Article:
422 Critchley to Burton
Letter BATAVIA, 27 May 1949
This letter reports the continuation of the slow progress recorded in my last letters.  Main attention has focussed on the work of sub-committee I, on the restoration of the Republican Government at Jogjakarta. Recent developments, including agreement by the sub-committee on a second progress report, are set out by Cutts in attachment I.
Van Royen has now made it clear that the Dutch will not evacuate Netherlands troops from Jogjakarta until there is an understanding between the delegations on the terms and conditions for an overall cessation of hostilities in Indonesia. The work of sub-committee II, 'on peace and order', has accordingly been pushed more into the limelight. Here again some progress has been achieved but only, as I suggested in my last letter, by lifting the talks out of the hands of Gieben, the Netherlands representative on sub- committee II. Van Royen and Roem are now being brought into the informal talks.
It is agreed that implementation of the cease-hostilities order will require agreement on three basic documents.
(a) the cessation of hostilities order.
(b) a general proclamation supporting the order.
(c) detailed regulations for ensuring a cessation of hostilities and cooperation to preserve peace and order.
So far drafting has only been attempted on (a) and (b). The latest drafts prepared by Cochran are set out in attachments II  and III.  These, based largely on the earlier Netherlands draft, are not satisfactory. In particular, the cease-hostilities order of the Netherlands would be no more effective than the spurious orders  of General Spoor of 31 December and 5 January. However, the drafting is extremely tentative and it is realized that the final drafts must await understandings as to the detailed regulations so that the three basic documents can be considered as an integrated whole. In any event, in private discussions with Cochran, I have convinced him that considerable revision is necessary in the drafting of (a) and (b), and have made detailed suggestions.
A major hold-up at present is the absence of a military expert on the Republican side. The Republican delegation has asked for Colonel Simatoepang and another TNI officer, ,but this request has been held up by Netherlands, insistence that the TNI officers should only come to Batavia as civilians. A compromise has been worked out and we are hopeful that Simatoepang will come to Batavia early next week. In the meantime, to avoid delay, the senior military observers of the Commission have been asked to try their hand on the drafting of detailed regulations.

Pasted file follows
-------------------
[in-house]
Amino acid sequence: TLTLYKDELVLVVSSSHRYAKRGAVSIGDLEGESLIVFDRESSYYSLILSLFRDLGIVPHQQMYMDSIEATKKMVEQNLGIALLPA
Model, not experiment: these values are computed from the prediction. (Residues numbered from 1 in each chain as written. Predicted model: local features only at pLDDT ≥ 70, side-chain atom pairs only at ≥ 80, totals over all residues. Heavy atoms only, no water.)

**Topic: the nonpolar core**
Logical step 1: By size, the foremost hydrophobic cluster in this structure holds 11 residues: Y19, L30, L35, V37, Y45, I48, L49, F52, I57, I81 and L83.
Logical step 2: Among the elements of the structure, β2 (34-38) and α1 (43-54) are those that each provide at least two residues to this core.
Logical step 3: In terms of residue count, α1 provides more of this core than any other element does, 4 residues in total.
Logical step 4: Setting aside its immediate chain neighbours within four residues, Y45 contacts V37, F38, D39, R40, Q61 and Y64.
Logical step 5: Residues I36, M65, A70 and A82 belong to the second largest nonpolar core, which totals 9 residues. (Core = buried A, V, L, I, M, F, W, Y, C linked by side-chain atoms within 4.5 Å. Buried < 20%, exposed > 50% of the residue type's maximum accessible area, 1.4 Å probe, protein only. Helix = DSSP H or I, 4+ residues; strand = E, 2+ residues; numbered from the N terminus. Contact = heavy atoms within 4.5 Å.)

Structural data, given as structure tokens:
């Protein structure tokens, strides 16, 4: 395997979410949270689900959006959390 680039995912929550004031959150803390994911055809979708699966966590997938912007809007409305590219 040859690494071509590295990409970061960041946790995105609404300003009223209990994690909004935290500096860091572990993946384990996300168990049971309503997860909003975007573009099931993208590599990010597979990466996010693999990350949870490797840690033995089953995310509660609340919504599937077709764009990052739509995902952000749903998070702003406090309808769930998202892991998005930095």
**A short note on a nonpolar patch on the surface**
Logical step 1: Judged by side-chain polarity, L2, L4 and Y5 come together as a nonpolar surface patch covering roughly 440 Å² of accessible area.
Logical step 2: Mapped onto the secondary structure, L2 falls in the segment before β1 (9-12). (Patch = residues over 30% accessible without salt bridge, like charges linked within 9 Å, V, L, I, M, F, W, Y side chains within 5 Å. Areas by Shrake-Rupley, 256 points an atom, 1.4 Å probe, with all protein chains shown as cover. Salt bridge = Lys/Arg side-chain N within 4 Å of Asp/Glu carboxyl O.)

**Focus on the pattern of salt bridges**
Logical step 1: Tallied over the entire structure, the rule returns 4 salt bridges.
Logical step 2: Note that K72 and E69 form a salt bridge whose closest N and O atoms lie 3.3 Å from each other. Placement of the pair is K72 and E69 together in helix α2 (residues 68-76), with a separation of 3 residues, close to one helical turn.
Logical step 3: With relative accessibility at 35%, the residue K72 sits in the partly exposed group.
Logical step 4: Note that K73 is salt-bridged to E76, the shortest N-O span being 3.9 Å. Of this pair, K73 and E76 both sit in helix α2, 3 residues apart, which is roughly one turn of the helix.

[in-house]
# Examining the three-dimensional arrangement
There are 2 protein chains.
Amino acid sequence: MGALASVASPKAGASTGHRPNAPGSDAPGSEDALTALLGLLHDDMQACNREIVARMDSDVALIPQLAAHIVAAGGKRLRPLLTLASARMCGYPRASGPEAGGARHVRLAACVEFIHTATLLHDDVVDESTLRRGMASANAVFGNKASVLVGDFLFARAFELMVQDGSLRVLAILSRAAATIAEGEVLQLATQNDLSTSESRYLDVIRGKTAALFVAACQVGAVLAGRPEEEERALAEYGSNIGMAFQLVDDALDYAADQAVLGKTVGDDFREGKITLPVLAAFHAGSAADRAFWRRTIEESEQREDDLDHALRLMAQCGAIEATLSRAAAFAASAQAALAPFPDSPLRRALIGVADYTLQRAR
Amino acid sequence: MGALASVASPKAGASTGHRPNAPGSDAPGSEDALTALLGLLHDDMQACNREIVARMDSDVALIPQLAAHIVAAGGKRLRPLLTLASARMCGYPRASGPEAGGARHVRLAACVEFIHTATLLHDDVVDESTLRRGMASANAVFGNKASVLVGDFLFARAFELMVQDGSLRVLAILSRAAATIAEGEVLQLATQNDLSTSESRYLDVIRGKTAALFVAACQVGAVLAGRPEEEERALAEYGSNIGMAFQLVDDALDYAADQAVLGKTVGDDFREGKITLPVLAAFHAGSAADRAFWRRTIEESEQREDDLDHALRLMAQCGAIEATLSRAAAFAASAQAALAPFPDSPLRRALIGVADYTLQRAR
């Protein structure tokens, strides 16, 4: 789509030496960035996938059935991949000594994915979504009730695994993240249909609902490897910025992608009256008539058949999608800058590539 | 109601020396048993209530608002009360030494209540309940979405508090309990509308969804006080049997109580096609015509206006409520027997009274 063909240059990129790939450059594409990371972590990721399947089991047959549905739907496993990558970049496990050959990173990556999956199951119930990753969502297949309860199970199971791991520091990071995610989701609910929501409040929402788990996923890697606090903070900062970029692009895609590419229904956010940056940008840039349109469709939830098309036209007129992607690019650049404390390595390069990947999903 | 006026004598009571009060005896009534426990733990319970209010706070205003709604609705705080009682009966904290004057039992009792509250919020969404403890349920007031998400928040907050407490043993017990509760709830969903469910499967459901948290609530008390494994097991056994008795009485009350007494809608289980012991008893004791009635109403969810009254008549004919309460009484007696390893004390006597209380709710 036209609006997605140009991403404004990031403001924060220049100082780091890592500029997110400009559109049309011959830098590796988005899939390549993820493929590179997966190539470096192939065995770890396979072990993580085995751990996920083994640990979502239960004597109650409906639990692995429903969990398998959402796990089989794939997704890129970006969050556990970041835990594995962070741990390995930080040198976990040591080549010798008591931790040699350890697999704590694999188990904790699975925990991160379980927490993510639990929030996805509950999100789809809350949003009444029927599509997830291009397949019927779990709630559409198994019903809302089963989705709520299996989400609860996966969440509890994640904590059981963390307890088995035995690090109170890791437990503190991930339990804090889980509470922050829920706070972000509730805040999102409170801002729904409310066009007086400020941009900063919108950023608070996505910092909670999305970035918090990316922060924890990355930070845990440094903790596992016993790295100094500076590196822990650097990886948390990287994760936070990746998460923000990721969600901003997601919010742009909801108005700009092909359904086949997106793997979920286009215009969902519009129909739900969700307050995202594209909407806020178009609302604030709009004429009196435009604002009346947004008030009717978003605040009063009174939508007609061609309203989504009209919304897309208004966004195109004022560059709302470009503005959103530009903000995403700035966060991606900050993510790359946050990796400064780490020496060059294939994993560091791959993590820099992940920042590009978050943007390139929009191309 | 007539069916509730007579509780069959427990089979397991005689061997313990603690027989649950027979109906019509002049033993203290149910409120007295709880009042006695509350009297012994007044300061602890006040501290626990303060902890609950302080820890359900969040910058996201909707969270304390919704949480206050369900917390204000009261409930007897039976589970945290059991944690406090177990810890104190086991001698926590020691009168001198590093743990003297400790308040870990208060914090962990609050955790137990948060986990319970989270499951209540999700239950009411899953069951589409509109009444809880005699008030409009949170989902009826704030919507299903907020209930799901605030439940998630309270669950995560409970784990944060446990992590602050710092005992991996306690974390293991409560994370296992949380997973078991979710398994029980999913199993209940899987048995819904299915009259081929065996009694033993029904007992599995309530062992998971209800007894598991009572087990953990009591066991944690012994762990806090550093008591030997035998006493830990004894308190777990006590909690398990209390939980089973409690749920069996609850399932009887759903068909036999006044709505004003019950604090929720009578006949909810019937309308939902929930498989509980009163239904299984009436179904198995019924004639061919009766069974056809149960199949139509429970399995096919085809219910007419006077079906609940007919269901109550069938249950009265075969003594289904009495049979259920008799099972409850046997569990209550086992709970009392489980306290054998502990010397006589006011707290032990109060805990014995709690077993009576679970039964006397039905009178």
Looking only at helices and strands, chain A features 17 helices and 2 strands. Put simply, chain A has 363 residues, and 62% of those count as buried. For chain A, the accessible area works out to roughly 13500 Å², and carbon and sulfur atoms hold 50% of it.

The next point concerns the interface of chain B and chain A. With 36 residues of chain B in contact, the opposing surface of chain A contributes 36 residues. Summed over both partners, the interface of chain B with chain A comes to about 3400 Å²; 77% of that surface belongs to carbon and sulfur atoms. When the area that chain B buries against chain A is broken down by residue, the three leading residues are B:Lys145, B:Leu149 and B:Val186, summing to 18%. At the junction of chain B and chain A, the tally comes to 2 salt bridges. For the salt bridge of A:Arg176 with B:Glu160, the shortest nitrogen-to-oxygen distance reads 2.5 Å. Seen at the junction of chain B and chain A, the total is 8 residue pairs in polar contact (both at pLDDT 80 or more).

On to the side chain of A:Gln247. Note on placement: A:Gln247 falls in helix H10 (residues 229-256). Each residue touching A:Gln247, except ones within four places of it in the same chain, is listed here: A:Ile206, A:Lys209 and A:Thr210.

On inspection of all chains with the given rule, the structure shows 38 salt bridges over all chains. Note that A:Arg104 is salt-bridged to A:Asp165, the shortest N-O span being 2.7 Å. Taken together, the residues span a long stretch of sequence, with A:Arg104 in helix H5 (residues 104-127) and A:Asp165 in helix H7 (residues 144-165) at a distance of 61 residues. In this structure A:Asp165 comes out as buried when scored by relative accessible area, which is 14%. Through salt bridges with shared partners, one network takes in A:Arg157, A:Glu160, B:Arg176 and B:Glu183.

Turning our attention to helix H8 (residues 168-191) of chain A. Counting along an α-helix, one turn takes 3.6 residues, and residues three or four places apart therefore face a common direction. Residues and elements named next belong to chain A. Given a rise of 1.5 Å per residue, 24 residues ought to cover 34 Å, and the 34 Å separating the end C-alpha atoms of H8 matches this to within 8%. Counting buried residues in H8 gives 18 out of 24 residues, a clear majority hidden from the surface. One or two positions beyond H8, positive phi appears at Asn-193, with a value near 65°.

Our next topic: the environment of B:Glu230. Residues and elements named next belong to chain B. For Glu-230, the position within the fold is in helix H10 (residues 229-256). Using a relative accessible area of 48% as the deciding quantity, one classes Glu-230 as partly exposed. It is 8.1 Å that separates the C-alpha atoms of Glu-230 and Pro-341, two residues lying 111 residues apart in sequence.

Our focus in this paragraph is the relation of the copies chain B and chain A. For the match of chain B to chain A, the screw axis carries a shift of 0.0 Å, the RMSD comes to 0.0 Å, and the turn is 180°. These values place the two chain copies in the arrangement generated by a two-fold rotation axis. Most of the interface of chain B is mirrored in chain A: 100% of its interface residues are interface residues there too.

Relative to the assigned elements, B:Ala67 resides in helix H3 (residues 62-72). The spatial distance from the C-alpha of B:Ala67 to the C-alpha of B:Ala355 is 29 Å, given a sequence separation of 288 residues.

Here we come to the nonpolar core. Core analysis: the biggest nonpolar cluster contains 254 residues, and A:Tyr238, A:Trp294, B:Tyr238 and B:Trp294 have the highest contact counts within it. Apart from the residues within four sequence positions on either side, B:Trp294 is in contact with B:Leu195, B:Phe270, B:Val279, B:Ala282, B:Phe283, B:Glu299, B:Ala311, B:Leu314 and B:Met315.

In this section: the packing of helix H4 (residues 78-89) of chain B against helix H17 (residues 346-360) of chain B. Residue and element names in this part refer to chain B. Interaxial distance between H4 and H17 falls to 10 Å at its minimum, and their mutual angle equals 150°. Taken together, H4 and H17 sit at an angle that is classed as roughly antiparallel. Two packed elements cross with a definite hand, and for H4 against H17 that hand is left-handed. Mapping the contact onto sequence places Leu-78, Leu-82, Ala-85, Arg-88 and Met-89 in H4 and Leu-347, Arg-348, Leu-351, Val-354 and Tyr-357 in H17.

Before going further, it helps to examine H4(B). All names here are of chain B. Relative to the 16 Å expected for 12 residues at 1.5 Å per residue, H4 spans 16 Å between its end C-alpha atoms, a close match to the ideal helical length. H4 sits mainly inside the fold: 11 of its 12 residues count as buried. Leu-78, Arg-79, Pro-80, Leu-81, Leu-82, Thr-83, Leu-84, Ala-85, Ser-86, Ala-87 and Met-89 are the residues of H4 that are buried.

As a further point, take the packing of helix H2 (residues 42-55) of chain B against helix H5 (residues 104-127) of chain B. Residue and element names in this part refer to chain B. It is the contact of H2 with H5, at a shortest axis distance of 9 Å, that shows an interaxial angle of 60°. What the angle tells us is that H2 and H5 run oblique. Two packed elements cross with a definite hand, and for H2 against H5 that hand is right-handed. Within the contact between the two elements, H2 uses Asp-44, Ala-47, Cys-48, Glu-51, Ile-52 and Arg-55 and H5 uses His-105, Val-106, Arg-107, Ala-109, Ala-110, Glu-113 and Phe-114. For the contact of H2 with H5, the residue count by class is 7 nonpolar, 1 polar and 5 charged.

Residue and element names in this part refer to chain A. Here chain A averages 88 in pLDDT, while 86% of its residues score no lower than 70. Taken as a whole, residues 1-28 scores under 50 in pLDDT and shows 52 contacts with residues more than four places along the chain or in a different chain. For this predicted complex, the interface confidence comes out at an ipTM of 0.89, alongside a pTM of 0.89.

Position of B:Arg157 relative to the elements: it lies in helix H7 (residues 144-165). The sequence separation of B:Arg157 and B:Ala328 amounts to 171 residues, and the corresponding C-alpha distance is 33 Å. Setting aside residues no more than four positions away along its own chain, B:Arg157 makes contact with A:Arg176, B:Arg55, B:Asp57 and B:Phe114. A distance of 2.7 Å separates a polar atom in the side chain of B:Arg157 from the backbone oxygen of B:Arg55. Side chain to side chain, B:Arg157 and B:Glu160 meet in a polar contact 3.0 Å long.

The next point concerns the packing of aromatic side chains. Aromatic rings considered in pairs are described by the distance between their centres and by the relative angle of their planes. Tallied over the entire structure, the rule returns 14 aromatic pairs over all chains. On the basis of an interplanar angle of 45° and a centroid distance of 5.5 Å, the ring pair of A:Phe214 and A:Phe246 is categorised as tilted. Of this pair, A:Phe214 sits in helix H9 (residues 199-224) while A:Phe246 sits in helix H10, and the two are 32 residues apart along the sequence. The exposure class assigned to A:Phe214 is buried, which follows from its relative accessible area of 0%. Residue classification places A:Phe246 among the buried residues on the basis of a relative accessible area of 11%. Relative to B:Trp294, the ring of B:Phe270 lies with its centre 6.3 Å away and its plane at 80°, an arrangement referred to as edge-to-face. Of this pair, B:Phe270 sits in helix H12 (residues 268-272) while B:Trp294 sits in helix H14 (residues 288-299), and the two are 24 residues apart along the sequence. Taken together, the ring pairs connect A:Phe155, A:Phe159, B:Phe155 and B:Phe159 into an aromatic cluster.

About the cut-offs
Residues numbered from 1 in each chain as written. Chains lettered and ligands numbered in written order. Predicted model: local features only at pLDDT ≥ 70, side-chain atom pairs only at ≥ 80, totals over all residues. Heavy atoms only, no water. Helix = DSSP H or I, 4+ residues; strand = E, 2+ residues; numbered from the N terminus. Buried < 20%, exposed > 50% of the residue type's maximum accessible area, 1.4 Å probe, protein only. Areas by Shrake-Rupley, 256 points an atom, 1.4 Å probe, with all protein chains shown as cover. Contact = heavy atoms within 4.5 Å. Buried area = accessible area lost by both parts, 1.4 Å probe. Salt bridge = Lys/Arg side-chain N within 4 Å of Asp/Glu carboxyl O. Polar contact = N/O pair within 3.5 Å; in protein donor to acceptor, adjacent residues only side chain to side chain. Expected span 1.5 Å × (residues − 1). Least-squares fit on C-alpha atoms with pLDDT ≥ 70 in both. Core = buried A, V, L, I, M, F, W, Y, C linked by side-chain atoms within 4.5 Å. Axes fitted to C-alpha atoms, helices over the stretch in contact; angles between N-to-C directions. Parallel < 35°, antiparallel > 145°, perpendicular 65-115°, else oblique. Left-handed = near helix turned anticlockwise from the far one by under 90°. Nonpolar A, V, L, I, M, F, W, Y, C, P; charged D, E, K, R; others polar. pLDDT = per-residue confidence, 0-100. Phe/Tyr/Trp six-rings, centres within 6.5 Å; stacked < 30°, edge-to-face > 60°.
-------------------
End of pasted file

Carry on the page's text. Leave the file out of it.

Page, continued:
As suggested in my last letter, the major task will be to ensure the preservation of the TNI. We shall also have difficulty in obtaining Netherlands acceptance of Republican areas of responsibility outside Jogjakarta. Nevertheless, the discussions are continuing in a good atmosphere and it is appreciated by all parties that an overall arrangement must be achieved which will prevent an outbreak of fighting after the parties have left for discussions at The Hague.
There has been an important development with regard to the BFO request to participate in the negotiations at Batavia. The Republicans believe they could win support from the federalists and are inclined to favour the Commission consulting the BFO.
Formally they are opposed to the BFO being accepted as a party but would not object to the participation of a BFO delegation in the negotiations, provided this would not prejudice the rights, claims and position of the Republic under the Linggadjati and Renville agreements.  They leave the decision on the BFO request to the Commission which in turn, has agreed that, for the time being, negotiations should be limited to the two parties to the dispute, but that when the immediate difficulties have been overcome, the BFO might be consulted as a delegation without the right to vote.
The Commission has informed the Chairman of the BFO that it 'hopes to invite shortly representatives of the BFO to a meeting of the United Nations Commission', but has not indicated the reservations which would limit such participation. It is understood that the more progressive federalists will use the Commission's letter against the Sumatran members of the BFO. You will remember from my last letter that the Sumatran delegations have called a second all-Sumatran Conference and are opposing the 'RR agreement'.
Incidentally, it is an interesting example of the influence of the Republican leaders that Bangka has declined the invitation to this second Conference.